In the floundering second half, however, Lion falls into a trap typical of first-time directors: How to depict the interior life, the interior struggles of a passive, reactive character. As Lion shifts its focus to a grown-up Saroo, now played by Dev Patel (The Best Exotic Marigold Hotel, Slumdog Millionaire), it quickly loses the narrative and dramatic momentum of the first half. The adult Saroo we meet initially is a pampered, well-adjusted young man interested in becoming a hotelier and acquiring the romantic attentions of a fellow student, Lucy (Rooney Mara, relegated to the thankless, supportive girlfriend role). All’s well in Saroo’s life, however, until night out with Indian-born acquaintances stirs up long suppressed, painful memories of his childhood and the family left behind. Saroo slips into a deep, dark pit of anguish, alienating his family and girlfriend (she leaves for America at one point, but then returns, reentering Saroo’s life a few minutes before the “Eureka” moment hits Saroo), quitting his studies, and obsessing over a map of India and Google Earth, searching for clues that will lead him back to his childhood home.
It might sound cynical to say that without Google Earth, Lion doesn’t get made. Without Google Earth, Saroo Brierley doesn’t find his long-lost family. Without Google Earth, Saroo Brierley doesn’t write a memoir of his journey back to India. Without Google Earth, Saroo Brierley doesn’t sell the film rights to his memoir and Lion doesn’t get made, let alone released during awards season. Intentional product placement or not, Lion’s over-reliance on Google Earth as a plot point and plot solver points to Lion’s central flaw: There’s little, if any drama, in Saroo’s “journey.” It’s not much of a journey at all, depending less on Saroo’s ingenuity, resourcefulness, or dedication (train timetables aside) than on his protracted, stagnant obsession with finding his birth family to the detriment of his personal and professional life.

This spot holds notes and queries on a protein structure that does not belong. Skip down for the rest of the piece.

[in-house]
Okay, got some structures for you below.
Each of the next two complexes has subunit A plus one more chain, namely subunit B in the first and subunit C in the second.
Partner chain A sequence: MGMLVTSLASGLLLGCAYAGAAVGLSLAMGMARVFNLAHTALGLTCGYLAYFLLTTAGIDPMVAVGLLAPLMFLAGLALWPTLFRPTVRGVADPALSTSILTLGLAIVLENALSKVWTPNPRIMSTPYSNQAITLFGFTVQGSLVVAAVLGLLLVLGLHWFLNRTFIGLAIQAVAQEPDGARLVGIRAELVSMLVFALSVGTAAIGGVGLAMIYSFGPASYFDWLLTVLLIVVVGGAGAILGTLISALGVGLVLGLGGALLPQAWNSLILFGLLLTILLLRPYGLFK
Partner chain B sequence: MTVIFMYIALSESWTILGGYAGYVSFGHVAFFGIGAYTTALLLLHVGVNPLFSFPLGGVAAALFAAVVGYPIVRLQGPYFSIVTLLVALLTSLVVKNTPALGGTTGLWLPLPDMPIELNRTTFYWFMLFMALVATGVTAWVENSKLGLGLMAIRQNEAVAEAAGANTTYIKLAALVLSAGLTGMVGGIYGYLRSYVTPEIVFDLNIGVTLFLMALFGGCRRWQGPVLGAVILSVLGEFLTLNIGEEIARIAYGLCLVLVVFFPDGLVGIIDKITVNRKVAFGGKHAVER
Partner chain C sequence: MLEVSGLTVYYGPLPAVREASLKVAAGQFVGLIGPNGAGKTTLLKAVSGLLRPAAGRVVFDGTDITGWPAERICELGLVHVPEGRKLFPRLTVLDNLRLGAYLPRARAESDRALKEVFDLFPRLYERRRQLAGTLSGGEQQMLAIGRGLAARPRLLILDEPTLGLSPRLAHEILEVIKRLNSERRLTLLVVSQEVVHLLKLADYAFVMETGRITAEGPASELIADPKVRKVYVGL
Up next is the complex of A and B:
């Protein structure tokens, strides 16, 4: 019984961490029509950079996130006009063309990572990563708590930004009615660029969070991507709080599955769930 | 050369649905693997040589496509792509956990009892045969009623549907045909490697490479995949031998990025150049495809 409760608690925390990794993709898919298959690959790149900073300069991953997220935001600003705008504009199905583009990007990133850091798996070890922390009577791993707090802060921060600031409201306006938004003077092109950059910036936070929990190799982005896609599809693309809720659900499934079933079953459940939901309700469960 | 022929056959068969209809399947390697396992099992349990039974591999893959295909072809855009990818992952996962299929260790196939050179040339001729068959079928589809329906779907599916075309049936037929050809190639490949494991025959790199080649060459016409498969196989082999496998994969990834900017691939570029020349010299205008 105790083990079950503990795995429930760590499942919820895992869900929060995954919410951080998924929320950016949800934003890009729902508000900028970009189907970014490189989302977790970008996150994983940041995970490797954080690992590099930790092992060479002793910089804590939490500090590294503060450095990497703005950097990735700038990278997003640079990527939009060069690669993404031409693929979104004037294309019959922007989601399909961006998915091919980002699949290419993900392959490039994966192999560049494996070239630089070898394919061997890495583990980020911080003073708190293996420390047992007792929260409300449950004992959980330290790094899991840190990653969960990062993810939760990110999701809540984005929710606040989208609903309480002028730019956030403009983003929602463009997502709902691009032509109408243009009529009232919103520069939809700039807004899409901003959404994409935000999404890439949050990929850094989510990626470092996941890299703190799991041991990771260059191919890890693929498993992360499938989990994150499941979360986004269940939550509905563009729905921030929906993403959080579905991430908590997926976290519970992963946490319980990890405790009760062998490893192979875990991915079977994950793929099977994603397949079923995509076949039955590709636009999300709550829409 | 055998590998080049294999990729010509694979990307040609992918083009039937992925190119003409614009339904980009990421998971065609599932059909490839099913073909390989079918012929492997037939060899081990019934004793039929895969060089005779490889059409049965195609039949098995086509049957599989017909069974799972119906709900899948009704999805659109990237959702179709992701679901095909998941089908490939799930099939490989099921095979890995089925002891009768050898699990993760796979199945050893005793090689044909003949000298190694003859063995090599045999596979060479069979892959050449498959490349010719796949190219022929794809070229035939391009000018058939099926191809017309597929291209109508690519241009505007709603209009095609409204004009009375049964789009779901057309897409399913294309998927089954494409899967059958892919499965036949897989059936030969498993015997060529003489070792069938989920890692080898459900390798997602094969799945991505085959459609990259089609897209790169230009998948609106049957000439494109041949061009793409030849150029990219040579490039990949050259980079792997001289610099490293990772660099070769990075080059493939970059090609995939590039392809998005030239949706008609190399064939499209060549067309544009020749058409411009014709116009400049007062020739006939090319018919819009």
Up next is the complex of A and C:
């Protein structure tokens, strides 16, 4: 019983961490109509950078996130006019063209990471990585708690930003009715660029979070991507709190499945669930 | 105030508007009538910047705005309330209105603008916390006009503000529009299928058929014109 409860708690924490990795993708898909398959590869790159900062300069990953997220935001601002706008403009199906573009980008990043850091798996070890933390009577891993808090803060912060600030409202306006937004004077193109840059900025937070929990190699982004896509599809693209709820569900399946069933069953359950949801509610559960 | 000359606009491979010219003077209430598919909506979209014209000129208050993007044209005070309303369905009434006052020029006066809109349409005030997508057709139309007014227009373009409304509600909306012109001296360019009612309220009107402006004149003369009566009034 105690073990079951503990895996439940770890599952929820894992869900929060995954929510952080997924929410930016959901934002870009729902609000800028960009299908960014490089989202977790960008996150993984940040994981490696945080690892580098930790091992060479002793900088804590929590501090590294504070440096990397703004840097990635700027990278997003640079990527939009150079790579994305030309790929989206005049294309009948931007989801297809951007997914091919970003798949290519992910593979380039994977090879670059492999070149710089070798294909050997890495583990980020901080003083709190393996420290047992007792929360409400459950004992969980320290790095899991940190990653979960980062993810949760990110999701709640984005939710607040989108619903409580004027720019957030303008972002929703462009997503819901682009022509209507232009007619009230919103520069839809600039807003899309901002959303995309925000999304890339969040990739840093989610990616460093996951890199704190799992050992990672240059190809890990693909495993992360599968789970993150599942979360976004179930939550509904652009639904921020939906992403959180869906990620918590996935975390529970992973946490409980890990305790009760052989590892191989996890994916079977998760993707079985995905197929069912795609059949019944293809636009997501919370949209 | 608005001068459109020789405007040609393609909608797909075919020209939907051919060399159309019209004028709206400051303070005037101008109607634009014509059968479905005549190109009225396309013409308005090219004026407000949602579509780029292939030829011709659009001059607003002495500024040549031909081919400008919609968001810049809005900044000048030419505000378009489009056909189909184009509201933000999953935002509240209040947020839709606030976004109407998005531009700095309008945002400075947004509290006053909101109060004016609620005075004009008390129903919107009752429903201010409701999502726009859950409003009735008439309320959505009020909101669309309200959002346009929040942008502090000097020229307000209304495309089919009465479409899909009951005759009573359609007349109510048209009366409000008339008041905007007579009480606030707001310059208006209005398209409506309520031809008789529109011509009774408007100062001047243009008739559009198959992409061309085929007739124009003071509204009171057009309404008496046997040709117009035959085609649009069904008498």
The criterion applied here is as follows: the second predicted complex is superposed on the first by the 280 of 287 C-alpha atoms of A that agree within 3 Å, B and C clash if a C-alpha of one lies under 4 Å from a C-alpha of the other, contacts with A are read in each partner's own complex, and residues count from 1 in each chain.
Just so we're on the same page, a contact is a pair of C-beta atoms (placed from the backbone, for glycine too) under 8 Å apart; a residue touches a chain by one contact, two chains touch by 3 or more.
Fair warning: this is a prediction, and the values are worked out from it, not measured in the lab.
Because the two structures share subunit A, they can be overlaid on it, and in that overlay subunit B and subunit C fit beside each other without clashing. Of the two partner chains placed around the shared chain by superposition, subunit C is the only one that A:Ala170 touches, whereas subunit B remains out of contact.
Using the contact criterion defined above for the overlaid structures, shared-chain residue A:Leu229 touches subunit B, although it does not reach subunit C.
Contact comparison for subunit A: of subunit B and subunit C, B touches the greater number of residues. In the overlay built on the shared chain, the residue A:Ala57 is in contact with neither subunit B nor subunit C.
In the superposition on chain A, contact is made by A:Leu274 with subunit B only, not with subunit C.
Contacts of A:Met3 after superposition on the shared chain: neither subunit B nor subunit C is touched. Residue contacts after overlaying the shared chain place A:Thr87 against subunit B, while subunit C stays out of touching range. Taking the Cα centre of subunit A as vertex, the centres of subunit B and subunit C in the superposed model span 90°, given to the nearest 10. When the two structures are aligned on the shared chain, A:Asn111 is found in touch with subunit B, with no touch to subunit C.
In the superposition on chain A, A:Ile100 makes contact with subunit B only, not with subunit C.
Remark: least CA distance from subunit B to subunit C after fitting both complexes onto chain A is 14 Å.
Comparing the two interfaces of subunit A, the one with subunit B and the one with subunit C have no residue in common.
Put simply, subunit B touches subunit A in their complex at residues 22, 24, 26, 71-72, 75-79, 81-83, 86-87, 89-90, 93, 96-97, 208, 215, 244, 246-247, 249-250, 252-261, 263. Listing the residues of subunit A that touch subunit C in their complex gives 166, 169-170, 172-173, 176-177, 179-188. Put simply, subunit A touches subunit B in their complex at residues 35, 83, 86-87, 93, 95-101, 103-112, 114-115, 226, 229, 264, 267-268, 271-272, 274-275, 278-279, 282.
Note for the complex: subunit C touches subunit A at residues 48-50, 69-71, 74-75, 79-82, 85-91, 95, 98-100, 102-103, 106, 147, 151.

Credit to Patel for delivering a near Herculean performance given the inert, one-dimensional nature of the character he’s forced to play, but Davis and his screenwriter, Luke Davies, fail Patel and by extension, Saroo Brierley, not to mention the remainder of the cast, by failing to find a way to dramatize, to externalize Saroo’s inner life beyond repeated, repetitive close-ups of Patel’s anguished face. Davis and Davies could have dug deeper into the inherent complications and complexities of assimilating into a foreign country as an international adoptee, losing your cultural and social identity in whole or in part as a result, and finding a personal balance between those cultures and identities. Instead, Davis drops those issues, ideas, and themes as soon as he raises them, opting instead for the kind of slick, superficial storytelling that might win him points with moviegoers eager for crowd-pleasing entertainment, but not with moviegoers eager for some depth and nuance with their cathartic cry.
Lion, an emotionally charged drama for its first half, turns into an inadvertent advertisement for Google Earth in its second, opting for the kind of slick, superficial storytelling common in shallow, but crowd-pleasing, entertainment.